If you disregard the turquoise and orange uniforms, you'd probably get a little confused when looking at the Miami Dolphins roster. On top of head coach Brian Flores rising through the ranks in Foxborough prior to taking the Dolphins gig last offseason, there are a number of former New England Patriots players that now call Miami home. Just in the 2020 offseason alone, four former Patriots signed with the Dolphins, including linebacker Kyle Van Noy, who inked a four-year, $51 million deal.
Despite that seemingly ever-growing resemblance to their AFC East rival, Van Noy, who won two Super Bowl titles as a member of the Patriots, wants to make it clear that his new club is not trying to become a carbon copy of his old one.
"I don't know how many New England guys there are, but we're going to get away from that," Van Noy told Adam H. Beasley of the Miami Herald. "We're our own team, this is not the New England Patriots. This is the Miami Dolphins. It's totally different, and I'm excited for that. New beginnings.
"We're the Miami Dolphins. We're here to represent the people of Miami. They want it bad. I can sense that. Miami's a football town."
On the surface level, every team should want to be like the Patriots. Over the last twenty years, they've constantly been in contention as one of the NFL's elite teams and have six Lombardi Trophies to show for it. I mean, who wouldn't want that type of success?
That said, Van Noy's mindset is an accurate one. While any organization would kill for even 30% of New England's success over the last two decades, you can't straight up try to mimic it. We've seen that act a number of times, and it's failed miserably. Whether it's Eric Mangini in New York or even Josh McDaniels in Denver, when you try to simply be Bill Belichick, you'll find out quickly that it's anything but simple, and you will likely find yourself on the hot seat in short order.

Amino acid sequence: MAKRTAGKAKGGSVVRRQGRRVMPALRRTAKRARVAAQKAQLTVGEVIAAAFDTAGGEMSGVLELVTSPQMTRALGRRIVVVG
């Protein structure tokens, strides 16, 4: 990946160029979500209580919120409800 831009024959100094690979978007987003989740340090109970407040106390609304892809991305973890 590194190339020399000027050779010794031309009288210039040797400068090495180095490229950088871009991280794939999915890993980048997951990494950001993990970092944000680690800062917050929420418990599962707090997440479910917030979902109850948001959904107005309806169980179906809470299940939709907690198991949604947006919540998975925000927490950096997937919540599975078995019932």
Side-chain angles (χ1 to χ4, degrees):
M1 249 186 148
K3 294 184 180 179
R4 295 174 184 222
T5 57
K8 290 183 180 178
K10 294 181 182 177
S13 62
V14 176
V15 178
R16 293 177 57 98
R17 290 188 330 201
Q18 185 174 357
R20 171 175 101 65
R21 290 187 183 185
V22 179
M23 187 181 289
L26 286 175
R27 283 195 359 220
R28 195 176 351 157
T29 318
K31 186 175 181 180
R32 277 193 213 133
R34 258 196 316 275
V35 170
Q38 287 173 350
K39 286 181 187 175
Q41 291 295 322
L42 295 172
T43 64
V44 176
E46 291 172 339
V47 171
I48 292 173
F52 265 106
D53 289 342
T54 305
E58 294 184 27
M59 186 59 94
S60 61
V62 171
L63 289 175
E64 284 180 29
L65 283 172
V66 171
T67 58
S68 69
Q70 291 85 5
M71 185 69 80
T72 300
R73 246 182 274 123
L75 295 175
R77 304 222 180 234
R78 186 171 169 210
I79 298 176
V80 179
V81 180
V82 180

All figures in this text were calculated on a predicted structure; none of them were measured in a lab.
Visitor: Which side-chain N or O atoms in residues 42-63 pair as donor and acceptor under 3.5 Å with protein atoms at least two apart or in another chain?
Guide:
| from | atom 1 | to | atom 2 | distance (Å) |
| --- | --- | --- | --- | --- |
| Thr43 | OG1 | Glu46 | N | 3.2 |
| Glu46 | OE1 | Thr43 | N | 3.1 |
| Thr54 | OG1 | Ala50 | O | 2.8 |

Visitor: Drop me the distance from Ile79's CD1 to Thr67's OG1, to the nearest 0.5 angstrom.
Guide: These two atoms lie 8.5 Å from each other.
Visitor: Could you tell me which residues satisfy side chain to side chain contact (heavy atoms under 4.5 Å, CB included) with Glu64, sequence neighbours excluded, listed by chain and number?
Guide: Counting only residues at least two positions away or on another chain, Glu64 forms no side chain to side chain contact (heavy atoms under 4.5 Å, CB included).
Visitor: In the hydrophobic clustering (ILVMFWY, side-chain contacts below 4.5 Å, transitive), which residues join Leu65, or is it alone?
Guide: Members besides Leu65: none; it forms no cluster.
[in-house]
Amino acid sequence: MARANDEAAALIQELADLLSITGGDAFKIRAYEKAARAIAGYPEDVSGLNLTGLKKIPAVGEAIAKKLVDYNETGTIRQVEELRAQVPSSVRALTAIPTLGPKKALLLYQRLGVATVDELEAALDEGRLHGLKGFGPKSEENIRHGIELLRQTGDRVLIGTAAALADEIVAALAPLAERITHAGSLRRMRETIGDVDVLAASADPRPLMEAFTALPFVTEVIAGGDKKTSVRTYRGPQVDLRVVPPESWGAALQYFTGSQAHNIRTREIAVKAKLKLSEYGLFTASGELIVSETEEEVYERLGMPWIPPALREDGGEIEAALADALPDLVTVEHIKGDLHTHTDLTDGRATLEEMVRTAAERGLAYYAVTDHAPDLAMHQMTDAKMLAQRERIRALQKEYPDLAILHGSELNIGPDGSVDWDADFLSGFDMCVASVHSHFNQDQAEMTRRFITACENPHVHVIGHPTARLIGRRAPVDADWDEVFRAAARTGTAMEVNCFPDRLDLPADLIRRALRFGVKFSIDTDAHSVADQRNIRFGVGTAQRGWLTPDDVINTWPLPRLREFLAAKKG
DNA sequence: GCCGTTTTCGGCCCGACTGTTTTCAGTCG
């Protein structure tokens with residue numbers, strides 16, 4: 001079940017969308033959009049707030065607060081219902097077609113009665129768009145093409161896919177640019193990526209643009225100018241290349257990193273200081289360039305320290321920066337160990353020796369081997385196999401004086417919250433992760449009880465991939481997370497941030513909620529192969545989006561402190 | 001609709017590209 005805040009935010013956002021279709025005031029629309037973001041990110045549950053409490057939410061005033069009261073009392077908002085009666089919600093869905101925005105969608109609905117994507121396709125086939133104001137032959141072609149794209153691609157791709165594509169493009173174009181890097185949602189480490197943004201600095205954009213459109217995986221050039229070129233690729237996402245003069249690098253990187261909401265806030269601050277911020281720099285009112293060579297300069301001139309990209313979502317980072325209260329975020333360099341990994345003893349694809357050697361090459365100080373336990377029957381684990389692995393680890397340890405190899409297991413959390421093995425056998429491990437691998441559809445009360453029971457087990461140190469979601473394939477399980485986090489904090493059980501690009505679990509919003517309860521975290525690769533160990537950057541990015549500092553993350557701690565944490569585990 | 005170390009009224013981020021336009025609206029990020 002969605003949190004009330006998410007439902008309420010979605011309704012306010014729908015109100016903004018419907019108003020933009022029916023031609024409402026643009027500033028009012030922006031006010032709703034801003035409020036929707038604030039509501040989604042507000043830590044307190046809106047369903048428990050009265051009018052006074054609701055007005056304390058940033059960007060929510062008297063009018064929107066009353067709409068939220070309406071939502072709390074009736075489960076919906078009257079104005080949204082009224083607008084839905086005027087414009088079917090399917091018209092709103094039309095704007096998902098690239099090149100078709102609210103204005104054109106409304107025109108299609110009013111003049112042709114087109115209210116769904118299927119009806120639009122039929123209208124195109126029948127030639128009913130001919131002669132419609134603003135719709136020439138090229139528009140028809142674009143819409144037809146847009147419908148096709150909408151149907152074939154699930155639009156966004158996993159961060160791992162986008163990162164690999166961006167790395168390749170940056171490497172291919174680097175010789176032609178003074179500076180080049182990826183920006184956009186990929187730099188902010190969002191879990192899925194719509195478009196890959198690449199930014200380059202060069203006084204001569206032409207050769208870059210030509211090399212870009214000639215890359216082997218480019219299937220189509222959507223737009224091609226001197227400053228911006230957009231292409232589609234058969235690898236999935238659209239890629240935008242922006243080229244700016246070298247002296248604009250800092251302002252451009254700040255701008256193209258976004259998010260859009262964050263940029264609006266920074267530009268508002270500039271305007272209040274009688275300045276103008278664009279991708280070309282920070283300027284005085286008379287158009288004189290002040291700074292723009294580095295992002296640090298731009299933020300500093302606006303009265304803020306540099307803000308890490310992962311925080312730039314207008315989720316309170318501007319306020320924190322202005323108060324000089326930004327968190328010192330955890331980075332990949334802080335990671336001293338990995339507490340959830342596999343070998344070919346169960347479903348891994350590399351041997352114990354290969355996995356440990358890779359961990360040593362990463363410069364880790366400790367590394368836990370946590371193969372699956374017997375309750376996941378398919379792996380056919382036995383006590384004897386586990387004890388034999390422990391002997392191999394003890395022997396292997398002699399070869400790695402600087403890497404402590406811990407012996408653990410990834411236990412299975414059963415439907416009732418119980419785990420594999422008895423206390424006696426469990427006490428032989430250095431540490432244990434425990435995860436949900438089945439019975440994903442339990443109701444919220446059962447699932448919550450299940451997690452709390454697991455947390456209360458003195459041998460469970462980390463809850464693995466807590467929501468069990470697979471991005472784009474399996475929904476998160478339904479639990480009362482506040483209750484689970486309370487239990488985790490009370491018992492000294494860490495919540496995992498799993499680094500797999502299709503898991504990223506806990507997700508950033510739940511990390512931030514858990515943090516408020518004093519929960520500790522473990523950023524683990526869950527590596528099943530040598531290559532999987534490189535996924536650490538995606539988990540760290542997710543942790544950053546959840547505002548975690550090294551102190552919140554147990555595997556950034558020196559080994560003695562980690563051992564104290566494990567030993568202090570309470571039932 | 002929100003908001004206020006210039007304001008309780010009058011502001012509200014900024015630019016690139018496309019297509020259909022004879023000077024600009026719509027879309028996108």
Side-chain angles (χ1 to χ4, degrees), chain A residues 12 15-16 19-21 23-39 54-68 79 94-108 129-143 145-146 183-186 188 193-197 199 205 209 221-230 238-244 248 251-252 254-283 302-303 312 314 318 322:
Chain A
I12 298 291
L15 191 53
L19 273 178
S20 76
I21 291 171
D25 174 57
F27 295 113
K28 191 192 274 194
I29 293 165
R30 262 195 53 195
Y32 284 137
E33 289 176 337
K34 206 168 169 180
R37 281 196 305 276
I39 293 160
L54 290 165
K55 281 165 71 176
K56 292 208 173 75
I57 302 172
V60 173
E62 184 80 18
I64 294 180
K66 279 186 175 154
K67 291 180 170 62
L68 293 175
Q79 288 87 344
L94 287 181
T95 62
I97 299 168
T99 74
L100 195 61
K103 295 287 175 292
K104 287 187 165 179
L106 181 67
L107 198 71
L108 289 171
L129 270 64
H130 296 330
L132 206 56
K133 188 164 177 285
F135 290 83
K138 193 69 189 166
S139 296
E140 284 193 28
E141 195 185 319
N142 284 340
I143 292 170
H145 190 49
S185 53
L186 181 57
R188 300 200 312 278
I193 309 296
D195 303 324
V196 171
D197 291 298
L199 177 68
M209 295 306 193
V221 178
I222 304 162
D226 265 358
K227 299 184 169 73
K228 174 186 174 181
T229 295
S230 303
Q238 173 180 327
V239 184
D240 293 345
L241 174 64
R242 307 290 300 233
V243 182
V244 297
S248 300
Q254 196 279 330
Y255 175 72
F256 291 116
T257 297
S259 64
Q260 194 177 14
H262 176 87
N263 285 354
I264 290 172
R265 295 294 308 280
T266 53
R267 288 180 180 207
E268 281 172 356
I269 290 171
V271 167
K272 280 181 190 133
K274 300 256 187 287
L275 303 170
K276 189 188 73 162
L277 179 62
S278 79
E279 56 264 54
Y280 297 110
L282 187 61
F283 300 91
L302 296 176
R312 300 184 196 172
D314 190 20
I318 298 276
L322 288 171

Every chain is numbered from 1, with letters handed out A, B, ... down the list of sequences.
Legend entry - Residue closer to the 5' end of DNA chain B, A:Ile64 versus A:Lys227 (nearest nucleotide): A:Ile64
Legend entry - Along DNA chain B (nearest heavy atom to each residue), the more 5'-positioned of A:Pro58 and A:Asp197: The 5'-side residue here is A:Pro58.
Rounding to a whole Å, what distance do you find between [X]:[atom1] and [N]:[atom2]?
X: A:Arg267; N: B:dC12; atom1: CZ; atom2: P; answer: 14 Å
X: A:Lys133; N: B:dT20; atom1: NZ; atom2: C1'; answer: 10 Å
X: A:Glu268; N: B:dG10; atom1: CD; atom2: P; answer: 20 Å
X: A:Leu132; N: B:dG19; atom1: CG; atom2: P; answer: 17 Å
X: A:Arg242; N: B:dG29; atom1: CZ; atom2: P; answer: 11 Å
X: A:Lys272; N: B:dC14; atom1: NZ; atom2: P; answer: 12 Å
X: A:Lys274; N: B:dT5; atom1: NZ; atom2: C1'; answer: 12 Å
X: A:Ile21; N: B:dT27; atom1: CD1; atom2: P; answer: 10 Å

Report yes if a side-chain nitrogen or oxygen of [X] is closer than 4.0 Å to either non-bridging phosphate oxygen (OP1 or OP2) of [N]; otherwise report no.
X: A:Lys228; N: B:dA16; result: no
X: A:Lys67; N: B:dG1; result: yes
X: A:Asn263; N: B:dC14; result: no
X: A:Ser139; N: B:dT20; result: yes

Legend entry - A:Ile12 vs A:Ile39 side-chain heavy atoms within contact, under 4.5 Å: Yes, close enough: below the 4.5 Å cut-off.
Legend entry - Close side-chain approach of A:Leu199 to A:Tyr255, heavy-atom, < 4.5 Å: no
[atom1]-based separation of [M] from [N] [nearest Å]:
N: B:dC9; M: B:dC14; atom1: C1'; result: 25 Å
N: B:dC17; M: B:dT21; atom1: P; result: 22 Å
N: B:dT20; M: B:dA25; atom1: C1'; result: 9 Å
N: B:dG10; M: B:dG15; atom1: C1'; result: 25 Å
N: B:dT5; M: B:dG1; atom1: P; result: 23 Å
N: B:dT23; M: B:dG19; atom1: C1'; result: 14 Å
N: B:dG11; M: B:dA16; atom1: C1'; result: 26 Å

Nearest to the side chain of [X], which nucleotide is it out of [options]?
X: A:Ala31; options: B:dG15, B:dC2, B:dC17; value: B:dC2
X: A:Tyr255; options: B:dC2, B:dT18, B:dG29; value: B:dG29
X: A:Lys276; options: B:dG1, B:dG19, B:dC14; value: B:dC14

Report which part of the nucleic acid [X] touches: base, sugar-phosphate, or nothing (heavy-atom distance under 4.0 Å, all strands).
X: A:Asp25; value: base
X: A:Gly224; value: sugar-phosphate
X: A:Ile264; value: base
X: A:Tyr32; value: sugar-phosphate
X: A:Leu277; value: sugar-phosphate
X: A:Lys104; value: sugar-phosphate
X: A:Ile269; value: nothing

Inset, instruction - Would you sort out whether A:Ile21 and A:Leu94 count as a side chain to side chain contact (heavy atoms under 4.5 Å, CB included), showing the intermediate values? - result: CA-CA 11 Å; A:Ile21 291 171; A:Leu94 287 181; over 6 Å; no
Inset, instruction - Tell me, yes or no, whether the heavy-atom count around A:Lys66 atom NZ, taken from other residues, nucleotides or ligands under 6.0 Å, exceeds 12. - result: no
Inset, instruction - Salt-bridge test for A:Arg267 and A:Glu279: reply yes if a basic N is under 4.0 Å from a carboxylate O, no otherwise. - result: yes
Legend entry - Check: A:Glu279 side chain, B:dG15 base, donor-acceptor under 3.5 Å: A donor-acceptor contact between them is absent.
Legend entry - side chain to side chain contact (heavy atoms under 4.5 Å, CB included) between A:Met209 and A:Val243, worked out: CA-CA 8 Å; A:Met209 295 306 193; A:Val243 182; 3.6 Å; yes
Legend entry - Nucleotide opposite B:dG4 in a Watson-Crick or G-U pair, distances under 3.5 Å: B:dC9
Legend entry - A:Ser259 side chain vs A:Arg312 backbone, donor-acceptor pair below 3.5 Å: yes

While Brian Flores did enjoy a solid first season as the head coach of the Dolphins in 2019, he may have fallen a bit into that Belichick-ian trap with the hiring of Chad O'Shea to be the team's offensive coordinator. The former Patriots receivers coach essentially brought a New England-style offense to go along with Flores' New England-influenced defense. The complexity of the Patriots offense is tough for any singular player to grasp let alone an entire offensive unit, so it's no wonder that the Dolphins averaged just 19.1 points per game and ranked in the bottom 10 in offensive efficiency.
Luckily for Flores and the Dolphins, the coach seemed to recognize that misstep, letting O'Shea go this offseason, because he wanted the offense to move away from his Patriots roots, according to Albert Breer of Sports Illustrated.
That realization is extremely important for Miami as they now enter this new era with first-round quarterback Tua Tagovailoa. Sure, they'll have some Patriots influence from leadership on down, but doing things your own way will likely be more conducive to possibly achieving some semblance of success that New England's enjoyed. Copying their notes word-for-word won't get you anywhere.